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A Gas Pipeline Runs Through It: Brooklyn Faces Massive Grid Project

New York City consumes massive amounts of natural gas to stay warm and run stoves. Energy experts say there is a greener way forward.

From Covering Climate Now and WNYC/Gothamist




Historic neighborhood in Greenpoint, Brooklyn. (Photo: Kgwo1972)

In Brooklyn, construction is underway for a 7-mile pipeline meant to reinforce the city’s natural gas system. Environmental activists have waged countless protests against the project run by National Grid—gaining political allies, including Mayor Bill de Blasio, who announced opposition in December.


This story originally appeared in WNYC/Gothamist and is republished here as part of Covering Climate Now, a global journalism collaboration strengthening coverage of the climate story.


Groups fighting the plan want to end all construction of fossil fuel infrastructure to reduce carbon and other emissions that lead to climate change and pollute the local air. Two-thirds of the city’s greenhouse gas emissions come from buildings, the bulk of that originating from natural gas in residences. Natural gas makes up more than 60% of energy sources in multifamily buildings, according to a December 2020 report from the Urban Green Council. Among all large buildings, natural gas use has increased over the past decade, even as fuel oils have halved.

A map of the pipeline with analysis from the FracTracker Alliance. FRACTRACKER ALLIANCE

But could a dense borough—supporting more than 2.5 million people—ever pivot away from natural gas as a heat source? Energy experts and environmental advocates say yes, but it would require an undertaking to retrofit the city’s aging buildings and place mandates on new ones.

Electric Heat

Electrifying heat sources rather than using methane-emitting natural gas would be a starting point.

“Weaning off natural gas in the city would mean figuring out a way to both wean off gas used for space heating as well as gas used for domestic hot water,” said Vijay Modi, a mechanical engineering professor at Columbia University’s Earth Institute.

He points to heat pump technology as an essential player in that transition. These pumps operate by moving heat in or out of the home, depending on the season, meaning they can operate like an air conditioner in the summertime too. Some are about the size of an air-conditioning unit and can fit inside an apartment. They come in a variety of “flavors,” Modi said. One is an air-source heat pump, which transfers heat specifically from the outdoor air into homes in the wintertime, or, when it’s hot, it can do the reverse to cool a household. They are less efficient as the temperature drops, Modi noted, but the technology has improved to make way for cold-climate options that work in places like New York.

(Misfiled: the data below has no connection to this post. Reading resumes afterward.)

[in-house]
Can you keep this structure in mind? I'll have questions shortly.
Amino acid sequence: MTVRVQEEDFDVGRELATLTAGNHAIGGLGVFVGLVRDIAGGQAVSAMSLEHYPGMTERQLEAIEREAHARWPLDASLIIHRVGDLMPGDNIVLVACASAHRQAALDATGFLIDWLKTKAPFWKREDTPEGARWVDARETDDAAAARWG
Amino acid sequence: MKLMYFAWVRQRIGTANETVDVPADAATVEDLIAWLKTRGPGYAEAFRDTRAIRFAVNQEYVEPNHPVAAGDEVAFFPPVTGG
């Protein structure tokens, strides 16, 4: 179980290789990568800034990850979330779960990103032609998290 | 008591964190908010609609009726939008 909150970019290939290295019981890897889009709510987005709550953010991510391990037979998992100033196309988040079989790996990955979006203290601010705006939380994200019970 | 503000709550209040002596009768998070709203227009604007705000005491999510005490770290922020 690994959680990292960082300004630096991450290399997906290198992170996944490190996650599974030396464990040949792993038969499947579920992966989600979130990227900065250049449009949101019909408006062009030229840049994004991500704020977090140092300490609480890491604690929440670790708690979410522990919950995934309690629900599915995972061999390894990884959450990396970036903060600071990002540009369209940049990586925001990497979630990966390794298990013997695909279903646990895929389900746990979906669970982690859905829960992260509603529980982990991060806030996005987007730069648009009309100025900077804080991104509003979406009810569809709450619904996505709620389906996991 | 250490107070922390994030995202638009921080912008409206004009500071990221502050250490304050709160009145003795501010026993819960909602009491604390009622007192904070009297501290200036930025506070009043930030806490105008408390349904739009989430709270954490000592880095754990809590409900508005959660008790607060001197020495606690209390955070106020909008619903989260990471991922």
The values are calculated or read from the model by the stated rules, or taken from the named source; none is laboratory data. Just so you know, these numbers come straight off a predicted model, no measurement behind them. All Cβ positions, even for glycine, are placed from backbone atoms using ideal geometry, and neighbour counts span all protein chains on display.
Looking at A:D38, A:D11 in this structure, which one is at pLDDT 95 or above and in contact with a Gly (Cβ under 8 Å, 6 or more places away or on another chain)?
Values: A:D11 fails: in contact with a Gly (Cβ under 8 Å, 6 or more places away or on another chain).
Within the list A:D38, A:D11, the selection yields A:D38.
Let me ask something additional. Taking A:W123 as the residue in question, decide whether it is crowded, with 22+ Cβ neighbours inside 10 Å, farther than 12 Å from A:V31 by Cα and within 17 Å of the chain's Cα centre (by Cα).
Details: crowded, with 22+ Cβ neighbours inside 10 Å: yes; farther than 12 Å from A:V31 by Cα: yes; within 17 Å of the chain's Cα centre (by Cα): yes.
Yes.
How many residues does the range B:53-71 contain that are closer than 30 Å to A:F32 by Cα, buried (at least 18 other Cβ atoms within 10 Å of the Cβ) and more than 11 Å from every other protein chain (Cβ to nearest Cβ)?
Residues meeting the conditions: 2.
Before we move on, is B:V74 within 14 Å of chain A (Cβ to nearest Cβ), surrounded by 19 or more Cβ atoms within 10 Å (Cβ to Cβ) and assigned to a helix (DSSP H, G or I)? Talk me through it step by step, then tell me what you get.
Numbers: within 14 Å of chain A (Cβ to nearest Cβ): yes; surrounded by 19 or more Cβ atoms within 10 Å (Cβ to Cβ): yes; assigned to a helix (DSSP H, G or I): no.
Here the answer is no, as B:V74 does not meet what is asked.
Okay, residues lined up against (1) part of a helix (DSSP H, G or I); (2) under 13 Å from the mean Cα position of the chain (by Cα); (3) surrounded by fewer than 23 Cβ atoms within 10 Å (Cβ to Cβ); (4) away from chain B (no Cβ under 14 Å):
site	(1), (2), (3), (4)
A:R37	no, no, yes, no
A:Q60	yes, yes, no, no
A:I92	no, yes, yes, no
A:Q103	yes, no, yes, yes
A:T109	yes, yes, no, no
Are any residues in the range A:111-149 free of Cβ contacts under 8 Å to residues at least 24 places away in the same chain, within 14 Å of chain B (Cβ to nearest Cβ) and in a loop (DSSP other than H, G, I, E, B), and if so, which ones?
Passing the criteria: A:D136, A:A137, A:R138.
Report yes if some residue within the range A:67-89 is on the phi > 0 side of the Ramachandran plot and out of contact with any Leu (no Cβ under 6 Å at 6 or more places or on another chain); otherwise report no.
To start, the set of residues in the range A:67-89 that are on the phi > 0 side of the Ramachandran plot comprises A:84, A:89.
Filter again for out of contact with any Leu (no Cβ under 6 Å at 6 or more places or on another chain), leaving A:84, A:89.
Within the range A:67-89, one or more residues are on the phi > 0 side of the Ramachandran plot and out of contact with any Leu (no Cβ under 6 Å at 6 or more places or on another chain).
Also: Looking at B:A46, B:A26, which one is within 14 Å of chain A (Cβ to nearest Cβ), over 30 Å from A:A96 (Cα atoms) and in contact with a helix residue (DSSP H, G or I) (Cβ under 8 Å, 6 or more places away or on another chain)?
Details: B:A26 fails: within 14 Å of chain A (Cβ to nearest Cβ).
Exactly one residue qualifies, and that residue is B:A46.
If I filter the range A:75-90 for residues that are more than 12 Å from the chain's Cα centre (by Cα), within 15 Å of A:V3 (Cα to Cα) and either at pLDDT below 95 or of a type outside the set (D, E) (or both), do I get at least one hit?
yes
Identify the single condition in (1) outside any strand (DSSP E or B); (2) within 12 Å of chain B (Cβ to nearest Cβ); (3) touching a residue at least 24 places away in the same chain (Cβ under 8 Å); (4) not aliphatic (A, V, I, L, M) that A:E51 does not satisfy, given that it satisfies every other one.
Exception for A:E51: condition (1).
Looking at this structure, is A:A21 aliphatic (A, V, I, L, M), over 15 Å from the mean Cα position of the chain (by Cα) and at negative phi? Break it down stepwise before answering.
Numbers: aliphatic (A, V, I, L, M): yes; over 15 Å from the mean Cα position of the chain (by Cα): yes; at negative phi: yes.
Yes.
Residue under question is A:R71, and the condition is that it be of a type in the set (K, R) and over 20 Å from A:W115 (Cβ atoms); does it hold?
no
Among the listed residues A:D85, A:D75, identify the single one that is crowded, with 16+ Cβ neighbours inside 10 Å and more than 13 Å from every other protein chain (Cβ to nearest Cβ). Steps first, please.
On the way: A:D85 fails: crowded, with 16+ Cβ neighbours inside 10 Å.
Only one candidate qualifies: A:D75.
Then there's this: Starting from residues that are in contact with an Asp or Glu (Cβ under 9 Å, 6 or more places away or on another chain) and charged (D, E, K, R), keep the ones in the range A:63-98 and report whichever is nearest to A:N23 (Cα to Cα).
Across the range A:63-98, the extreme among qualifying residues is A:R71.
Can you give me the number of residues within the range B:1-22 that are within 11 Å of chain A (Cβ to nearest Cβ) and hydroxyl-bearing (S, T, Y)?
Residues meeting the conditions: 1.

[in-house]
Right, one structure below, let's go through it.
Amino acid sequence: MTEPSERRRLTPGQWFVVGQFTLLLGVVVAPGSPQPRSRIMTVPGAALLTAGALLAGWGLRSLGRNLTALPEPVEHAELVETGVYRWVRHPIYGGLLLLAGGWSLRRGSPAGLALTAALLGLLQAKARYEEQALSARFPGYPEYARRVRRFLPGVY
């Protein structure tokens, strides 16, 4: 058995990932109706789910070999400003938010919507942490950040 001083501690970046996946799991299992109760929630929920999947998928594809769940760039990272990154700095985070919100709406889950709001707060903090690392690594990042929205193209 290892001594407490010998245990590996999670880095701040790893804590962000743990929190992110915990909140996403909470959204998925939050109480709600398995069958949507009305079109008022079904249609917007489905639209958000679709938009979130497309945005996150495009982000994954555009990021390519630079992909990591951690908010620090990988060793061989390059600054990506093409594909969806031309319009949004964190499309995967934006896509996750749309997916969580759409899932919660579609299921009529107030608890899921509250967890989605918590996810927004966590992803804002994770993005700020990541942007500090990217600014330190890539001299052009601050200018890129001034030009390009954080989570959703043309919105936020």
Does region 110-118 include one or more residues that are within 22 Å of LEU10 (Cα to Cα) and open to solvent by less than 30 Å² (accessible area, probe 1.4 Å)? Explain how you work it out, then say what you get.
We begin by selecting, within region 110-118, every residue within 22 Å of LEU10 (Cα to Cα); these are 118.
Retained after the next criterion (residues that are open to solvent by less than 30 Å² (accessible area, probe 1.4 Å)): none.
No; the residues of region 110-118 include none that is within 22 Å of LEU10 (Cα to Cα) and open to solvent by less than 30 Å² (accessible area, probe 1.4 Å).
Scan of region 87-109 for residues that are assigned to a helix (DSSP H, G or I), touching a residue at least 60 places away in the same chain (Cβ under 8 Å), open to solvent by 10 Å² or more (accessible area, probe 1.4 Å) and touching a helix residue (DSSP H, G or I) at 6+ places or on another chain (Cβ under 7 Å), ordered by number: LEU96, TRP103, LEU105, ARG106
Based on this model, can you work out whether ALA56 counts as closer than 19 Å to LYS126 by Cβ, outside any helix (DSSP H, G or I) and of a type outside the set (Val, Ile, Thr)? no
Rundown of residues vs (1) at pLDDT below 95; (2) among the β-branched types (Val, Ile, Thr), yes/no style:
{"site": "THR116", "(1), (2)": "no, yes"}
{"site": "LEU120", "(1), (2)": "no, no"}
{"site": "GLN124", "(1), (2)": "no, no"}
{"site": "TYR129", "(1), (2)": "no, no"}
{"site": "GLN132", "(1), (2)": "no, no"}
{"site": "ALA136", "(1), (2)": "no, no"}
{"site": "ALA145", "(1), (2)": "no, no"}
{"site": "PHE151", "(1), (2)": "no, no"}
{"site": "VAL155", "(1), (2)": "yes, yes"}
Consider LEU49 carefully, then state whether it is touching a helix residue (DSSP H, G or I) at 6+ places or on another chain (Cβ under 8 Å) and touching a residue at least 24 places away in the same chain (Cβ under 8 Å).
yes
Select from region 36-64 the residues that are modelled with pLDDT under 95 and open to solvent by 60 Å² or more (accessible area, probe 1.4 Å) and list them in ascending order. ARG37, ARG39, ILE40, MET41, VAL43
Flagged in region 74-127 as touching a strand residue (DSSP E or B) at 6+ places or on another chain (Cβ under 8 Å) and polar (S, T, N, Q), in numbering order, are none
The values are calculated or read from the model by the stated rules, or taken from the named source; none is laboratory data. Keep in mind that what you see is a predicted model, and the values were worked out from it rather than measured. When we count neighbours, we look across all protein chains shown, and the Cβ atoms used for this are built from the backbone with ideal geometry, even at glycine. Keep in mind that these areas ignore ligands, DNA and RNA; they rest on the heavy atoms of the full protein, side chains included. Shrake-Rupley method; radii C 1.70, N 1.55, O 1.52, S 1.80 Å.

Ground-source heat pumps that utilize geothermal energy from the warmth in soil or underground water sources are another alternative, though Modi suspects they’d be less feasible in the city due to less space to dig up or challenges setting up a staging area for construction. They function by taking heat from the consistently warm soil through an underground pipe system. Some researchers based in London suggest heat in the soil surrounding underground trains could support these pumps. The U.K. capital has launched a program to extract this excess heat from trains whizzing by to warm offices and homes.

Some businesses are already helping Brooklyn residents transition to climate-friendly heating. Donnel Baird leads the company BlocPower, which retrofits homes with pumps that source heat from cold-weather air as well as solar energy.

“The technology now exists to do it and to do it at scale,” said Baird, whose company received $63 million in venture capital financing in February. “This isn’t a pie in the sky, radical environmentalist kind of idea.”

A Winter Peak

In New York City, peak electricity use happens during the summer, when air conditioners blast and drizzle water down from every window. Suppose all homes and stoves are heated electrically rather than running on natural gas. In that case, those peak days will shift to the winter, when the difference between the outdoor temperature and typical room temperature (68 to 72 degrees Fahrenheit) is greater. That requires more energy.

Sanjoy Banerjee, the head of the City University of New York’s Energy Institute, said as the demand rises for electricity, it would call for grid upgrades and new electricity storage options.

To avoid winter overloads, Banerjee says the system would need to smooth out the fluctuating needs for electricity storing unused power on low-demand days. Another critical point is that if a building is heated and cooled with an electric system, the climate benefits become moot if the power is still sourced from fossil fuels.

The city’s electricity supply is sourced with two-thirds fossil fuels and one-quarter nuclear as of 2018, according to another Urban Green Council report. That will likely worsen once the nuclear plant Indian Point closes at the end of the month.